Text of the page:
Flower Farming

Johnny's Top-10 Flowers for Direct Seeding

Easy-to-grow cut flowers to start from seeds sown directly into your garden soil

Need a quick answer to the question, Which flowers can I sow right in my bed row or garden bed?   

Maybe you do not have the room, the equipment, or the time to start some flowers indoors. Maybe you just want to grow flowers that are suited to direct-sowing anyway. Or maybe you want to sow a lot of flowers, quickly and on a frequent basis. For whatever reason you need to know, here are our top-10 recommendations for direct-seeding — 5 you can get in the ground when it's cool, and 5 for warmer seasons. (Plus 1 you can start in either.)

They are all easy to grow, but if you'd like more than just a list (much more!), dig in to the information below the charts. To help you succeed, we offer learning materials for every one of our crops.


5 easy-to-grow, warm-season annuals that can be succession-planted multiples times, a few weeks apart, providing lots of blooms to cut all season.


5 Easy-to-grow, cool-season annuals that love cool soil for germination and should only be seeded in the early spring or in the fall (where overwintering is possible), for best results.

+ 1: Calendula

Calendula also bears mention, but it can be sown anytime — it doesn't necessarily require cool or warm temperatures for germination. It will pop up faster under warmer germination temperatures but grows very well in cooler weather. Plus, it is easy to grow, adaptable, and one of the fastest-growing flowers in this list, reaching a harvestable stage at an average of 50–55 days from sowing date.



Visit the library for each of these crops, where you will find their Key Growing Information — fundamentals on germination temperature range, seeding rates and seeding depths, harvest recommendations, and other cultural basics. Key Growing Information is equivalent to what you may find in our catalog or on our seed packet backs. Each library also contains more in-depth materials, such as videos, charts, tech sheets providing detailed guidance on crop production, articles, and other educational resources.


If you're just getting started or interested in learning more about direct seeding, we cover this method with video tutorials, charts, and guides in our Direct Seeding Library.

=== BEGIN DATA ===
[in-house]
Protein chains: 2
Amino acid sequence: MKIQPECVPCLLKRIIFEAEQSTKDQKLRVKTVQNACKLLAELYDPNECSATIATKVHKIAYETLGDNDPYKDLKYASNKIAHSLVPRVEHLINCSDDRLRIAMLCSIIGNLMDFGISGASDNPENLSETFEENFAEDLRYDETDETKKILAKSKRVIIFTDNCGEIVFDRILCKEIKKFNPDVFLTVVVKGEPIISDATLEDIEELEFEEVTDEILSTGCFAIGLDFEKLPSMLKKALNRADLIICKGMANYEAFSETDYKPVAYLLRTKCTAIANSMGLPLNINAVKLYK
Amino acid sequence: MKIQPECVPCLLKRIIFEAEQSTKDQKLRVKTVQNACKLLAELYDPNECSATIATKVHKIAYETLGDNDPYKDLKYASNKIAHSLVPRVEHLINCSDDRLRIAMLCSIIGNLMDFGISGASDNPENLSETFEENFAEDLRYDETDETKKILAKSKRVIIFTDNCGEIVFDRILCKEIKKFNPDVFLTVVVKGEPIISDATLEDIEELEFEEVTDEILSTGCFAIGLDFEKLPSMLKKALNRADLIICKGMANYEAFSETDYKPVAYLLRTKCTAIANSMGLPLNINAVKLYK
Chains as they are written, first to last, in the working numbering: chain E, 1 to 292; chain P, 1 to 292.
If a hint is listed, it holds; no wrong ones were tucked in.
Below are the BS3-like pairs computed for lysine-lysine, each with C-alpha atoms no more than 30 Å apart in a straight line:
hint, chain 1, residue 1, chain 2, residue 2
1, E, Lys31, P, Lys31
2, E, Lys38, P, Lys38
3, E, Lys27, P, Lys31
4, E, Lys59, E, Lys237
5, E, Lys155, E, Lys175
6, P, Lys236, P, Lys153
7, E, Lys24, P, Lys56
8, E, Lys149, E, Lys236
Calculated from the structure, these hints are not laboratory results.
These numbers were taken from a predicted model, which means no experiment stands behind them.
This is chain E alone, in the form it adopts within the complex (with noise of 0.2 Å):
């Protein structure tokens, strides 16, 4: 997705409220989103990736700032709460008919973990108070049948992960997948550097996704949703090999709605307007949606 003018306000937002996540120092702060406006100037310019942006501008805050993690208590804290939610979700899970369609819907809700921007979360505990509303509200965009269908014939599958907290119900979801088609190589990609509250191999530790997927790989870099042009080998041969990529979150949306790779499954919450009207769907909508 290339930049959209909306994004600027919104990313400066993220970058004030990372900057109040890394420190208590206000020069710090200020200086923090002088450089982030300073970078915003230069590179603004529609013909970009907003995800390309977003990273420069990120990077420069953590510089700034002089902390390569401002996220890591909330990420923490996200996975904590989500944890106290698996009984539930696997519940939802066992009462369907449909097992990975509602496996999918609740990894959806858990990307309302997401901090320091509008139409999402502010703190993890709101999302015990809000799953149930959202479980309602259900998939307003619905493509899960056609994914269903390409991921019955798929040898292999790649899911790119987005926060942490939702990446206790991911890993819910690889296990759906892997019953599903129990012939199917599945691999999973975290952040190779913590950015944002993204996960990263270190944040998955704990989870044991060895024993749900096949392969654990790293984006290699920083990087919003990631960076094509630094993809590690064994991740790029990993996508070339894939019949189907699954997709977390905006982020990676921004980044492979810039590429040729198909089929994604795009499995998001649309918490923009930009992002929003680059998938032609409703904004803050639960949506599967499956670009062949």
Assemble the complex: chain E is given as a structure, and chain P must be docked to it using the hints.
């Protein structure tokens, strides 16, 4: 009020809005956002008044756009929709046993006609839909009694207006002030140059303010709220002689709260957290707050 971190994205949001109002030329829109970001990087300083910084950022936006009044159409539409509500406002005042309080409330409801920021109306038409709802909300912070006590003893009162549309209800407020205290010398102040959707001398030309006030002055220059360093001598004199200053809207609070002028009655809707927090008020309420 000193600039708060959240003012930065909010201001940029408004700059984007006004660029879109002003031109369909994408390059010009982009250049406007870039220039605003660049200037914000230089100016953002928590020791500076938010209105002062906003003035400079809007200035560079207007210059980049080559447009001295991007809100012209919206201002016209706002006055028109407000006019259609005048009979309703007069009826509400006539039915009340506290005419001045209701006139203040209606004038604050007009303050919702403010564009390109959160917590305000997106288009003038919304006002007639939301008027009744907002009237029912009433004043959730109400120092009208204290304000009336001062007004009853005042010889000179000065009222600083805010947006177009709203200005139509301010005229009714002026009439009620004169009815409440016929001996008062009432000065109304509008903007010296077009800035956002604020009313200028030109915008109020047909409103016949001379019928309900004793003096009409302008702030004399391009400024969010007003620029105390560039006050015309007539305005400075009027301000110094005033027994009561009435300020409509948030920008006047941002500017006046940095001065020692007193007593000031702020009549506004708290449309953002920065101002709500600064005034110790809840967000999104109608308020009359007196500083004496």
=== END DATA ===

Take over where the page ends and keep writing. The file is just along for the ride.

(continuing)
About Precision-Seeding Flowers

Direct-sown sunflowers at Garden Bee Flower Farm,
A lot of sunflowers are getting ready to bloom!… 
— Paula Fischer, Garden Bee Flower Farm, Walnut Cove, North Carolina

Paula direct-seeded 1000 sunflowers a week, every week for 25 weeks in 2017. Here's a snapshot of her planting in late June.

Some flowers can be direct-sown more efficiently with a precision seeder than by hand. Curious to know which ones? We certainly were, so we designed a series of trials at our Research Farm, which we repeat from time to time to make sure our findings are valid and consistent.

A seed's size, shape, and texture greatly influence its suitability for sowing with a seeder. These characteristics vary widely between crops, varieties, and even sometimes individual seed lots.

Each seeder design, too, has its strengths and limitations — and for direct-seeding flower crops, we prefer the Jang JP Seeder. (See our Guide to Choosing a Seeder to learn what to look for.)

The different Jang JP rollers are drilled to accommodate different seed sizes and shapes. We designed the trial to evaluate which seed varieties fit which Jang JP roller combinations and which ones do not. Specifically, the trial showed that 8 out of the 11 flower crops listed here can be direct-sown with a Jang JP Seeder: Ammi, bells of Ireland, bupleurum, Centaurea, Daucus, larkspur, Nigella, and sunflowers.

From the data we created a set of reference charts you can use when planning your seasonal production schedule. (The charts cover not just these flowers but others as well as farm seed, herbs, and vegetables). As you draw up your plan, refer to the charts as a starting point for the combinations that deliver a smooth result and those that do not. Then, when you go to put them to the test, take note of any small adjustments we suggest to the seeder settings and components.

Whether you go mechanical or not, be sure to factor in some time to learn the ropes and run a few trials before you scale up. If you're planning to take a methodological approach, see our Jang Roller Selection Guide for guidance on trialing different types of seeds in the different Jang rollers. The goal is to find what works well and build upon that, so remember to take notes.

We hope you achieve abundant success with direct-sowing these flower crops. We're here if you need more information, so give it a try!